I want to talk about my dad for a few minutes today. I've been reading a parenting book by the same guy who wrote the meditation book that has helped me this past month, Jon Kabat-Zin. One of his paragraphs stood out to me in which he talks about how the best thing we can do for our children is to strive to become non-needy parents, parents who have learned to become whole in themselves and are therefore not dependent on their children to make them feel of worth in any way. I really feel the truth of this. And I think my father is a good example of someone who does this.
From the time I left home, my father began treating me like a friend instead of a dependent. Early on, I was still dependent in many ways, but he always respected my feelings of independence. For example, he would slip me money while I was at college, but when he did I knew it would never be mentioned, never have any strings of accountability or gratitude attached.
In fact, he has always been especially good at giving gifts, because he can totally let go once he has given something. If he gives something to me, or to my children, once it leaves his hands he will never mention it again. He owns it no more in his mind or heart; he has truly given it away. I think this is so utterly cool and respectful. It is true giving.
As I became an adult, my father showed respect for my decisions about my life (some of which turned out to be wrong, and I think he knew it at the time), and spoke to me respectfully, the way I think he would have spoken to another adult. He began to show interest in getting to know me as an adult, questioning me about my interests and my worldview. He made me feel very free to be myself. I like how he asks me about my writing, and about other things going on with me. I feel like he sees me as a friend. It has become one of my greatest joys just to sit and talk with him, because I feel his interest in me and the ways I have become myself.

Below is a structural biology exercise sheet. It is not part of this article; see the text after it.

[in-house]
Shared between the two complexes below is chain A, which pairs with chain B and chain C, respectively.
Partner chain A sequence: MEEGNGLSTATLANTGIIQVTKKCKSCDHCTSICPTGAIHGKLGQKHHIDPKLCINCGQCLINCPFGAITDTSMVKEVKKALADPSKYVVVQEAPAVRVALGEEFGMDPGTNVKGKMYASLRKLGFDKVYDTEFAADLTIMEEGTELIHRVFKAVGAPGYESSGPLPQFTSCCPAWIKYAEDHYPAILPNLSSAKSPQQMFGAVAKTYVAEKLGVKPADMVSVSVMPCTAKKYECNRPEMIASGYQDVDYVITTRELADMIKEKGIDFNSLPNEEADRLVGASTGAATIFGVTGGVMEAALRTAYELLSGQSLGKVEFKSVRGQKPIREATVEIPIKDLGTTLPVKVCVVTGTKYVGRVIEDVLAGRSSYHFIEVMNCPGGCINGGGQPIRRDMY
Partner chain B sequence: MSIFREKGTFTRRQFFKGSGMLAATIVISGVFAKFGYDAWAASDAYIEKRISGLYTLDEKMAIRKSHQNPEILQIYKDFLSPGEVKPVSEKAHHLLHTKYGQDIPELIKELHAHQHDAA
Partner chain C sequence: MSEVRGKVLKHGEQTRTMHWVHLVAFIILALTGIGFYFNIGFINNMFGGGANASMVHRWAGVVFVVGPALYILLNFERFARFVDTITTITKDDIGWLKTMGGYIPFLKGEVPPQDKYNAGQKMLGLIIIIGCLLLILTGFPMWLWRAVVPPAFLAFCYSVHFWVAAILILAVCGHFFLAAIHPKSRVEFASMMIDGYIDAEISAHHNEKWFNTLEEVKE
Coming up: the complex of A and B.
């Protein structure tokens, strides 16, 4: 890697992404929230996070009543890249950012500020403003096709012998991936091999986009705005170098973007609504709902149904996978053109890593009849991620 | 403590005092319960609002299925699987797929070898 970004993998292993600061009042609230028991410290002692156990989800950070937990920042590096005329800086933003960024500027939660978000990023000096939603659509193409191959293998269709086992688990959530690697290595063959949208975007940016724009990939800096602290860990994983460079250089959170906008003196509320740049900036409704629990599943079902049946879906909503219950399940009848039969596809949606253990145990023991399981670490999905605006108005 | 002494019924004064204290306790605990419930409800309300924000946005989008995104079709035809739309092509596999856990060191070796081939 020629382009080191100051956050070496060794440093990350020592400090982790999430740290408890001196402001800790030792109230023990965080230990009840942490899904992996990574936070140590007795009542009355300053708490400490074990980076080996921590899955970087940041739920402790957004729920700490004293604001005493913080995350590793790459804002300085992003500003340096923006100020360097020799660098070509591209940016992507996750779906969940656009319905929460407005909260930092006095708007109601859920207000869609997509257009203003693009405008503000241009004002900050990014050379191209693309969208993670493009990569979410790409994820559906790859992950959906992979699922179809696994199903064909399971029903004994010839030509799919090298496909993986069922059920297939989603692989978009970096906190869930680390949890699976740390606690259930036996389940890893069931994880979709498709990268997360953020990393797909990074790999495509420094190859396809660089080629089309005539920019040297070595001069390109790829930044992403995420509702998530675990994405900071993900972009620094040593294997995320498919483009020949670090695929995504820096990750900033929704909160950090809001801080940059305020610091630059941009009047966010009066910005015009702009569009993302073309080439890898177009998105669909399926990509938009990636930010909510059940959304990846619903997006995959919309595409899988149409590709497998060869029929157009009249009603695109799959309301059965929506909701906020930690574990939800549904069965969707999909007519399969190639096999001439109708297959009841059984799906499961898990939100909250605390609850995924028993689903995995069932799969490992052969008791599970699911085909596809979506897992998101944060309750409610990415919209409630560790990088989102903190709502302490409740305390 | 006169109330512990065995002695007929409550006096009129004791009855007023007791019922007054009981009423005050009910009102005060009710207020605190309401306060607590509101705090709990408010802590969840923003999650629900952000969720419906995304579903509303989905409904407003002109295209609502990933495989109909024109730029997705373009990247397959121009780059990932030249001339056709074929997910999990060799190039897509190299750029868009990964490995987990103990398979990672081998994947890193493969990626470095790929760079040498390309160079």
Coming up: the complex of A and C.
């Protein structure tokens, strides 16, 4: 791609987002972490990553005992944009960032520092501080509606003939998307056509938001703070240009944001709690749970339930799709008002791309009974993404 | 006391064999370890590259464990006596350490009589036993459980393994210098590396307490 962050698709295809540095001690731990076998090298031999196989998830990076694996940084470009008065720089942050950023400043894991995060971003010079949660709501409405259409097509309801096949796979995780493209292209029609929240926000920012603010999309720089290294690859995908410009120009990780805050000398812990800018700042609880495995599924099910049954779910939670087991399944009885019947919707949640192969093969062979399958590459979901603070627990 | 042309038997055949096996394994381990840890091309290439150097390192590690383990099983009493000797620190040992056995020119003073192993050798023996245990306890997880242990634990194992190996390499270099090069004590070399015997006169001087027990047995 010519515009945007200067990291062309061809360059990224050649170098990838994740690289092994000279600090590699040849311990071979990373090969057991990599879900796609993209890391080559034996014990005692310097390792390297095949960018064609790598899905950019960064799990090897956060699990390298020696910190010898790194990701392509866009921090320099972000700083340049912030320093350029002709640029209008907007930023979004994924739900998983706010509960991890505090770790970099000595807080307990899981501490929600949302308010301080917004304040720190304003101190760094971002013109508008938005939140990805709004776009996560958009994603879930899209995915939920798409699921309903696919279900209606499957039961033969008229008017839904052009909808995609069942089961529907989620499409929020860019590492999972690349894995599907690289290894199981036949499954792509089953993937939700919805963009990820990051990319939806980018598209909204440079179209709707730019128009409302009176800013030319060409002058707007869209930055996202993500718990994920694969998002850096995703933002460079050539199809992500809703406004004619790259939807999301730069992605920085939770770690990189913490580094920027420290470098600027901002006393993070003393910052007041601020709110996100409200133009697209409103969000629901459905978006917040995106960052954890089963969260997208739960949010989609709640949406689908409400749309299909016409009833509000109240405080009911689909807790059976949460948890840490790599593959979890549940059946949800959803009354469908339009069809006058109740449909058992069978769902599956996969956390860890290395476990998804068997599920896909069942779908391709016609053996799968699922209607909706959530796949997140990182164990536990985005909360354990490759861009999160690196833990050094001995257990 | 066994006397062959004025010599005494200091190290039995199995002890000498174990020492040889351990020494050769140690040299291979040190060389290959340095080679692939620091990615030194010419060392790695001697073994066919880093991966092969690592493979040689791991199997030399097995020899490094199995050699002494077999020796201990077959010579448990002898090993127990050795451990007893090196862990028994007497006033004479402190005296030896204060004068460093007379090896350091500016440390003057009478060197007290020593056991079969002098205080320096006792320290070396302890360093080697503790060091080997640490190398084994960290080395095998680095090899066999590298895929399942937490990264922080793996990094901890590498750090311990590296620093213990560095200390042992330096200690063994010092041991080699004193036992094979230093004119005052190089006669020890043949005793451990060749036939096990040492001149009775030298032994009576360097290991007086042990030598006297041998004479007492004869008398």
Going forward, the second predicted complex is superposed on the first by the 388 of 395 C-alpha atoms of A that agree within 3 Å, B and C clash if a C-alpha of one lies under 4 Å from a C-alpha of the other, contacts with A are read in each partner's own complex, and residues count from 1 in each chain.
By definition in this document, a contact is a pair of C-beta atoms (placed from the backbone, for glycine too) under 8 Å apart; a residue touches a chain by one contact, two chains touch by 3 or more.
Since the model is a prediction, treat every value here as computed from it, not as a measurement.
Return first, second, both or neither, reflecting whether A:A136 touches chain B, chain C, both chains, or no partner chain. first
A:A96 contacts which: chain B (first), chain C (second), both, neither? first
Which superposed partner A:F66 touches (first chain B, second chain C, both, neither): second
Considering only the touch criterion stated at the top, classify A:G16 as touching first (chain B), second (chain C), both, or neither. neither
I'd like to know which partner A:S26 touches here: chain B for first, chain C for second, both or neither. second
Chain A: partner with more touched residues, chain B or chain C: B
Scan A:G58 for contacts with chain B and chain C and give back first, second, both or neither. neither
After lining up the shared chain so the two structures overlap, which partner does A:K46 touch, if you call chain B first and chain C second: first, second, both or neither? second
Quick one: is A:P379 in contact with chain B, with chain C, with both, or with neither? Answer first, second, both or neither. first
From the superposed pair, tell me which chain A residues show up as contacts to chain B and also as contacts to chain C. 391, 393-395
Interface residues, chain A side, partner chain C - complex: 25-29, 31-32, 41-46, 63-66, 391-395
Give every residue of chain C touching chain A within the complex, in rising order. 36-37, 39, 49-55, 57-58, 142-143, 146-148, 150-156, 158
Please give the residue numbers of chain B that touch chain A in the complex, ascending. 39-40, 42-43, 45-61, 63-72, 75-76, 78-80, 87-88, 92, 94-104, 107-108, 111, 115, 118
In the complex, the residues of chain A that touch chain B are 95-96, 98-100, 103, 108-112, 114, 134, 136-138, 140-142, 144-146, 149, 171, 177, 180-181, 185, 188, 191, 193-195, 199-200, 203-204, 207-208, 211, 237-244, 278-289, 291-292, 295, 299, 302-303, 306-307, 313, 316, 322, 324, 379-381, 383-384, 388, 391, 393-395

There are still times when I need him as my father. But when I do, it is up to me to ask for what I need (a blessing, counsel). And then, after giving it freely, he never mentions it again. He doesn't even ask if I followed his counsel, for example, because like his gifts, once given, it is not his any more and he continues to respect my agency, my individuality, my choices. I think this is a really amazing thing. I hope that I can become this kind of parent—there for my kids, interested in my kids, but not requiring anything from them. Because I think it is the only way to really foster a friendship between us once they are grown.
(Oh, and one more thing that makes my dad so cool: he married the coolest, sweetest, giving-est, loving-est woman ever to be my stepmother and my children's grandmother. Way to go, Dad.)